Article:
In his autobiography, Miles Davis, the world renowned jazz trumpeter and band leader, claims to have changed...not just his style, but all of music six times. A bold claim to be sure, but many jazz musicians and historians agree with him. Duke Ellington, for one, compared Davis to Picasso for his continuous musical reinventions.

Davis was so intent on pushing the boundaries of his art and the changes he made were so compelling that he did influence the course of music in the process.

Here are a couple examples.  According to a 2010 article by John Fordham in The Guardian, early in his career, young Davis helped changed bebop's chaotic wall of notes with softer tones, fuller ensemble harmonies, and more spacious  solos – a development that came into full bloom in Davis' Birth of the Cool recording sessions.

Shortly thereafter, in his 1959 album Kind of Blue, Davis dispensed with soloing over the established chord structure of the song in favor of soloing based on modal scales.  That album, which many regard as the definitive jazz recording, ushered in the modal jazz era.  Of course Miles was not the only one driving these changes but he had a huge influence.

How did this continual reinvention come about?  Keith Jarrett, a jazz pianist, tells this story.  Miles was very ill and Jarrett was visiting him.  Miles said, “You know why I don’t play ballads anymore? Because I love playing ballads so much.”

This simple vignette is worth paying attention to.  If you want to evolve as a musician or a leader or a person, how do you do it?  A common refrain is that you have to “get out of your comfort zone." But what does that mean, really?

Well one answer is that you should push what you are doing a little harder. For example, they say when you ski or skate, if you are not falling down periodically on your turns, you are not "getting on your edges" enough.  So the recommendation is to get out of your comfort zone and lean into the turns more.

But the Miles story here suggests another angle. Getting outside your comfort zone can also mean putting down what you love to do. You take what you like and what you are probably really good at and you stop doing it to grow into something else.

Why is this such an important idea for leaders? A leadership aphorism with more than a grain of truth to it is that what got you promoted might not help you at the next level; in fact, it might actually hold you back.

For example, as a director, your attention to detail and micromanagement might have ensured a smooth and successful operation that got you noticed. But micromanaging...even more…like getting more on your edges in a ski turn…is likely to backfire when managing other directors or VPs.

I am coaching a founder and CEO of a very successful company. There is no argument about what this man has built and achieved. However, his business has plateaued and he knows it. He also knows why. He is not being the strategic leader he needs to be. He is too caught up in operational issues and is often the only one who can solve the complex operational interactions because he built the business from scratch and knows it from the inside out.

For his company to begin growing again, he has to change himself. He has to detox from the rush he gets from being an operational savior.  He also has to allow some customer glass to break while he trains a group of people to know what he knows and do what he does. This will free him up to spend the time focusing on market dynamics and three year product road maps to jump-start growth.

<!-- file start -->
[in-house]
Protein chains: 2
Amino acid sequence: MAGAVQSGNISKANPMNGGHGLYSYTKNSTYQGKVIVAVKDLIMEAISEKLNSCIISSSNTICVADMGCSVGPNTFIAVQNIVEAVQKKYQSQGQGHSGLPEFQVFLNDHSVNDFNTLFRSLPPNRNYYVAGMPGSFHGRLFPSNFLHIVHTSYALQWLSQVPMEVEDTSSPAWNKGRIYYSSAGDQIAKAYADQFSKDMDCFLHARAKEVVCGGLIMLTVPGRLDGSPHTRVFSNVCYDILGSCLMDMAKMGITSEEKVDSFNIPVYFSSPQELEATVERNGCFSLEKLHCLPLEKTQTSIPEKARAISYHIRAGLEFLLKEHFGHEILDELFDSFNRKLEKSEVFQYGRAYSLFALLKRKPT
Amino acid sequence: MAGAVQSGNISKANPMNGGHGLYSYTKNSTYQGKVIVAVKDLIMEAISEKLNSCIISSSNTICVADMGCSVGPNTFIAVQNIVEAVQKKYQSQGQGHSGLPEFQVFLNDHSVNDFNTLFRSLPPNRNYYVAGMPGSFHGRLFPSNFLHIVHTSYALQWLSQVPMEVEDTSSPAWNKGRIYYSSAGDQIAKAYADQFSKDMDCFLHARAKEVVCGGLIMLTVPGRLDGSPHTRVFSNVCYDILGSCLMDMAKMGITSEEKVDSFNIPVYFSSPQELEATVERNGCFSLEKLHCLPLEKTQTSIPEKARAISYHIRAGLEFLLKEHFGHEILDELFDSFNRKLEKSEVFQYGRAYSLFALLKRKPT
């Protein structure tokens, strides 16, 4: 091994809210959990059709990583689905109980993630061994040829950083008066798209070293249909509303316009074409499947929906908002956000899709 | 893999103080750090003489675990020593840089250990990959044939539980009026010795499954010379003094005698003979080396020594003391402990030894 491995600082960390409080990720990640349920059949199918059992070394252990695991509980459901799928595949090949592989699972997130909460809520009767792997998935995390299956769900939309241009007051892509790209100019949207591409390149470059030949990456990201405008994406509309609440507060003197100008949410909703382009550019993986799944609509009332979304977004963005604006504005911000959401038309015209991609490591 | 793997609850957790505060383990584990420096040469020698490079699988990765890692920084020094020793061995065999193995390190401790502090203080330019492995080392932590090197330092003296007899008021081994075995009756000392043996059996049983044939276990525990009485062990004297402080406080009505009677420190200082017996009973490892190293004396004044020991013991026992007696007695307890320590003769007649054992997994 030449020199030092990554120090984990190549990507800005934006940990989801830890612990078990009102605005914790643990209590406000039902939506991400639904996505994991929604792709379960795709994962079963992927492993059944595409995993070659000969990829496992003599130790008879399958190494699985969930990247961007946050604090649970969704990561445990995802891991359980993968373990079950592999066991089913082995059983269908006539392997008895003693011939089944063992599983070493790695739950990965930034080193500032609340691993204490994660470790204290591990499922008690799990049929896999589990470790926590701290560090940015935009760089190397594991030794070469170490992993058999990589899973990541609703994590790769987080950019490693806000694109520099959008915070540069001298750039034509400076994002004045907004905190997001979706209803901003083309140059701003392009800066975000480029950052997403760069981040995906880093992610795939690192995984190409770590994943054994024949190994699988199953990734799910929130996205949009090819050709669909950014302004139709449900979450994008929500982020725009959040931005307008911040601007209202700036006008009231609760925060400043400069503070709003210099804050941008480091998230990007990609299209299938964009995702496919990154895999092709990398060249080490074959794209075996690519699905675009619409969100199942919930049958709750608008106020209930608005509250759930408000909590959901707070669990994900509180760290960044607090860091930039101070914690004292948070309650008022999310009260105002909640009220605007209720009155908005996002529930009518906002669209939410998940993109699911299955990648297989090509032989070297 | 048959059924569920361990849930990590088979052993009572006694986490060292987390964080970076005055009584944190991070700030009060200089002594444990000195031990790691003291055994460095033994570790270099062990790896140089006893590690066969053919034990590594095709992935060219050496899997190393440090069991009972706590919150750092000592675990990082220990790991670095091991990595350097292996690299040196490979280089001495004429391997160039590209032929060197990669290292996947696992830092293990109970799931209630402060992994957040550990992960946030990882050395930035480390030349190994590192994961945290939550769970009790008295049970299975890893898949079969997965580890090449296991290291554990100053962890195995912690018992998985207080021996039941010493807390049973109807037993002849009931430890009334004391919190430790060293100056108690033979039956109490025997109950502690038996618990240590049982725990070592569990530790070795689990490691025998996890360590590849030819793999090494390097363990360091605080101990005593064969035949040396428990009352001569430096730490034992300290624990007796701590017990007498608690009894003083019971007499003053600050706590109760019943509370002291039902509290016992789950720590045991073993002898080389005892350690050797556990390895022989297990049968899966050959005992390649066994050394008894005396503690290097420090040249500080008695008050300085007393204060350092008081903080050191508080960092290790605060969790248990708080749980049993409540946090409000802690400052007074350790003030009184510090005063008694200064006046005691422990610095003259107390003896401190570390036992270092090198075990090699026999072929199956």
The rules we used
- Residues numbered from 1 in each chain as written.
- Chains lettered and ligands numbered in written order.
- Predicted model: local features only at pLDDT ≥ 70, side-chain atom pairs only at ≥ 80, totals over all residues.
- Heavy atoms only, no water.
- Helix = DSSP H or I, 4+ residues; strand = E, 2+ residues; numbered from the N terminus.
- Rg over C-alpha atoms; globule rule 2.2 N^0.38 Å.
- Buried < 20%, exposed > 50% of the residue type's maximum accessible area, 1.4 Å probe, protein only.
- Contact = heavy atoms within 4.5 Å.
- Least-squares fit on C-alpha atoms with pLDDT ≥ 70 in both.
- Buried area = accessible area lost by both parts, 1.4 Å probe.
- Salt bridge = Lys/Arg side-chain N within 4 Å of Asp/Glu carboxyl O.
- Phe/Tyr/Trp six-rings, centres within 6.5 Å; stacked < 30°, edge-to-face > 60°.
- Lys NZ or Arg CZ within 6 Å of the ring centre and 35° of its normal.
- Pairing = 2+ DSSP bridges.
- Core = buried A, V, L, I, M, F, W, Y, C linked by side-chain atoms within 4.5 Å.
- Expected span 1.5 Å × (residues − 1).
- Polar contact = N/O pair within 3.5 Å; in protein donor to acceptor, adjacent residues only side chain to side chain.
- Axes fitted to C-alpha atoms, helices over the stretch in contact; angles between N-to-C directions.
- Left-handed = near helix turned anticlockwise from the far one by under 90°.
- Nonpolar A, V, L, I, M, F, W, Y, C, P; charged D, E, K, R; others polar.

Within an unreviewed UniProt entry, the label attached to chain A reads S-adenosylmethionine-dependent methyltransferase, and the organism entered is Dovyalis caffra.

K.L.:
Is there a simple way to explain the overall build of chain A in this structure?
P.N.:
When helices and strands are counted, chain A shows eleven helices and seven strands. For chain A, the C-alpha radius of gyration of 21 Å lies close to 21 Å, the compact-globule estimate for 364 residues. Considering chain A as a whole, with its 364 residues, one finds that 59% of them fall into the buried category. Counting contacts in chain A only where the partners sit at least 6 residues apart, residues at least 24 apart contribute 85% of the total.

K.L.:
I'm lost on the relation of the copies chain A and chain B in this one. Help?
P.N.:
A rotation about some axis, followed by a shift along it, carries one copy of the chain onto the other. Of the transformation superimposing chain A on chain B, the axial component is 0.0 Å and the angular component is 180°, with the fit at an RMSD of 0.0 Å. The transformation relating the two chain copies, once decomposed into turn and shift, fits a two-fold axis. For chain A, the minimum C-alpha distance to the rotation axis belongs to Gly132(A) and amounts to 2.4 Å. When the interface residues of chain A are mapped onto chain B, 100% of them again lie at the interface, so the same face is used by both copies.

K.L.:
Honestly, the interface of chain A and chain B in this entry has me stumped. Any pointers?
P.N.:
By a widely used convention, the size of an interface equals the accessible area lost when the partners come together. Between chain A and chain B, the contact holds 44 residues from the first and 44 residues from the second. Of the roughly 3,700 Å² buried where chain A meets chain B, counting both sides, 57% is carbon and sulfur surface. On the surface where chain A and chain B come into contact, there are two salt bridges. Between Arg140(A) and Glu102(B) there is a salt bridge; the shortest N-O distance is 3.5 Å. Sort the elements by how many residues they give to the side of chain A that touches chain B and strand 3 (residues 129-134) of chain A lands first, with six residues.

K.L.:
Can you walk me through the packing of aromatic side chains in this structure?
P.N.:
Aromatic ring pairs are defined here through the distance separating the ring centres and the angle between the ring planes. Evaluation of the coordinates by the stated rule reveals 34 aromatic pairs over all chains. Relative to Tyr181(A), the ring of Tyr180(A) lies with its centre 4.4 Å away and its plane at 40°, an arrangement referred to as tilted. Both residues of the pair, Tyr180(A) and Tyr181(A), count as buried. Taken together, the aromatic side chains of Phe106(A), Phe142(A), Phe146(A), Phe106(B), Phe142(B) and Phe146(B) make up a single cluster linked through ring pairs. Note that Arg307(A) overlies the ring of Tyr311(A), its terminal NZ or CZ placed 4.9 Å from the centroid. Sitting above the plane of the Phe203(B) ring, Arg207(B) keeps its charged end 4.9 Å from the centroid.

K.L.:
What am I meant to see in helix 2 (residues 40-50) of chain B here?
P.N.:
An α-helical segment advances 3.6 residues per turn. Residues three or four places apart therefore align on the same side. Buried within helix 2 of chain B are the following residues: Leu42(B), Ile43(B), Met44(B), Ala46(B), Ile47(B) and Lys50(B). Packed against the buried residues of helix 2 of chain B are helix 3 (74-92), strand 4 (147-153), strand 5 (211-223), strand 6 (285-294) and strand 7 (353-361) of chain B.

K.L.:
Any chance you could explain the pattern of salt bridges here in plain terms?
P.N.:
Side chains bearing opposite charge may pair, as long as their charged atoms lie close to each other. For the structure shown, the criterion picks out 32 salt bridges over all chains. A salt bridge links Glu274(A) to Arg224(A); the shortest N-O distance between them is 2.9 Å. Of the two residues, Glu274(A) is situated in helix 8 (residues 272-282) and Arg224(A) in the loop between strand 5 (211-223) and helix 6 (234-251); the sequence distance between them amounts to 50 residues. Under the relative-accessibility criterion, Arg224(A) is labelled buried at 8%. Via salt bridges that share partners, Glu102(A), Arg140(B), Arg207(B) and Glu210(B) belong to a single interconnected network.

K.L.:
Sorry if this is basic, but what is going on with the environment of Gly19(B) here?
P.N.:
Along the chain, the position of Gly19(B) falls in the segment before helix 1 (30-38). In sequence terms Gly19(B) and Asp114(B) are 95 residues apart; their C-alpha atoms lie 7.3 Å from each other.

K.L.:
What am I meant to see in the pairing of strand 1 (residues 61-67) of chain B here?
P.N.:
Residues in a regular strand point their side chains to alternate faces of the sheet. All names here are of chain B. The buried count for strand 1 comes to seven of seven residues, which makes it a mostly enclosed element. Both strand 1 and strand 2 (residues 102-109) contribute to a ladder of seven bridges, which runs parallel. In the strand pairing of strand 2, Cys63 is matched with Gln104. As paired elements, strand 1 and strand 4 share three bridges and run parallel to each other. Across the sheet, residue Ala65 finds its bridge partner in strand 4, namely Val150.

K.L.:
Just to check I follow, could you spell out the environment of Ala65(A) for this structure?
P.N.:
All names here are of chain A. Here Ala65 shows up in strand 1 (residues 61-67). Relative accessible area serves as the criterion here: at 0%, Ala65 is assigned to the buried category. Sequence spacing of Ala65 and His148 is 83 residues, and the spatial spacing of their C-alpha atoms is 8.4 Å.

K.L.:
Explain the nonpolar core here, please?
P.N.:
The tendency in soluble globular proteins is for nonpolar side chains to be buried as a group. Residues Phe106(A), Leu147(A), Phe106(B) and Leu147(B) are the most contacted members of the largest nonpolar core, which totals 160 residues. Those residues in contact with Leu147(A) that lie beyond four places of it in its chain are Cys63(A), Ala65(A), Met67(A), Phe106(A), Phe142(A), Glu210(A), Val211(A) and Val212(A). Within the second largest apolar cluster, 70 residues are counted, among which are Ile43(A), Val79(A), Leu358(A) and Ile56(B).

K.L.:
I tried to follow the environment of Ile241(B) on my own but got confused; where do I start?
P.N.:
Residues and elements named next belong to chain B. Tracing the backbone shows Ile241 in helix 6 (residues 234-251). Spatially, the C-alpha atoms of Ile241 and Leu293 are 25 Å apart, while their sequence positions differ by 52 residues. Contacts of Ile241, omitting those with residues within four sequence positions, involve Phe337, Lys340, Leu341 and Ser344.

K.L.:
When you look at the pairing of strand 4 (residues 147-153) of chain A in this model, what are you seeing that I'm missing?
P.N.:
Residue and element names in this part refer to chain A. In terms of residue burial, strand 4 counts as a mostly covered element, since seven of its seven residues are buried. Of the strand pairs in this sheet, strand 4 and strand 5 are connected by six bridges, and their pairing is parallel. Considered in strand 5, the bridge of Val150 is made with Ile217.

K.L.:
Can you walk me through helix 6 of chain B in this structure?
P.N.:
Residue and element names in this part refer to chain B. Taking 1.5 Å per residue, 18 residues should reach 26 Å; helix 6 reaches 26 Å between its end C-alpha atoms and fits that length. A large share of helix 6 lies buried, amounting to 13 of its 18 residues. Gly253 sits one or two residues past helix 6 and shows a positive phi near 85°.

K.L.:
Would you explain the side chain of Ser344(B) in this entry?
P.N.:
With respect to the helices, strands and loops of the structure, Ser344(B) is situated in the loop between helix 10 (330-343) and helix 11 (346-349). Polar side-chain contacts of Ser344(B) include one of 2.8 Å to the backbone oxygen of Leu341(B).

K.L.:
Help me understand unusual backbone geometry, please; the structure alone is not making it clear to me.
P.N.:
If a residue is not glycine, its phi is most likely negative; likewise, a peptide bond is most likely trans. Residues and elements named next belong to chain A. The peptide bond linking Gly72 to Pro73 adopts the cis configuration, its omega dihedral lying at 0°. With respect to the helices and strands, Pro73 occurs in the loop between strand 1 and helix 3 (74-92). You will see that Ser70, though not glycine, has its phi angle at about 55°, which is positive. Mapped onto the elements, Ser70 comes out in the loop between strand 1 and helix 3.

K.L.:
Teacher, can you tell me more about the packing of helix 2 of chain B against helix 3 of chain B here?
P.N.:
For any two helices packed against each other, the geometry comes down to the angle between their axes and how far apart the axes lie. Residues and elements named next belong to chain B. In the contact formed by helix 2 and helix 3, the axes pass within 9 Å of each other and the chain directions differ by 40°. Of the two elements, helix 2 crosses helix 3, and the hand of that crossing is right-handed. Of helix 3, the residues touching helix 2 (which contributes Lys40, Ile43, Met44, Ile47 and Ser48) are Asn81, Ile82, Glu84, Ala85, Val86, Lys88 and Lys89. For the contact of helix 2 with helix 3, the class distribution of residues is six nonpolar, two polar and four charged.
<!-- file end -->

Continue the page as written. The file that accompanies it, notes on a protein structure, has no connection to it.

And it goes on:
Make no mistake, he is in a tough spot and doing this now will not be easy. Some customers are going to be upset at the sudden lack of responsiveness. He might even lose business in the short-term.

The best time for leaders to "change their spots" as it were is when they are in transition, getting promoted or moving to another company. In fairness to my client, as a founder, he didn’t really have the luxury of a distinct transition. He grew up inside the business and in that situation, it is hard to have the time and wherewithal to take a step back.

Unlike Miles, you don’t reinvent yourself just for the sake of reinventing yourself. But a new position might force you to change and it is wise to try and get out in front of it.

As you move up, the politics get a lot harder. It is less about what you do yourself and more about the coalitions you can build. Complexity and ambiguity increase. There is a broader impact horizon.
Moreover, if there is a weakness to your game, at a higher level it is likely to get exposed.  Depending on how serious, it could even derail your career.

A very successful executive director client of mine doesn’t like and doesn’t understand finances, but he wants to run a business. Should that opportunity come along, it is not likely to end well unless he changes.  Of course he doesn't have to become an expert, but putting down the things he loves and is good least for a order to develop functional financial knowledge will make him a better leader.

You can do this anytime, but if you are a leader in transition, I encourage you to take the time to inventory what you love to do and as important, what you try to avoid. Further, look at old performance reviews, ask former bosses and look in the mirror: why have you been successful to this point?

Then ask yourself if those predilections and strong suits are going to continue to contribute to your success in the new position.  Is it possible the new situation needs less of what made you successful and something new...perhaps one of those areas you have tried to avoid or just something that is not as natural for you?

Is it time to stop doing something you love…time to find joy and a new rhythm in something else…so you can play on a new stage?

Please share your stories of what you had to change to grow and any other comments below.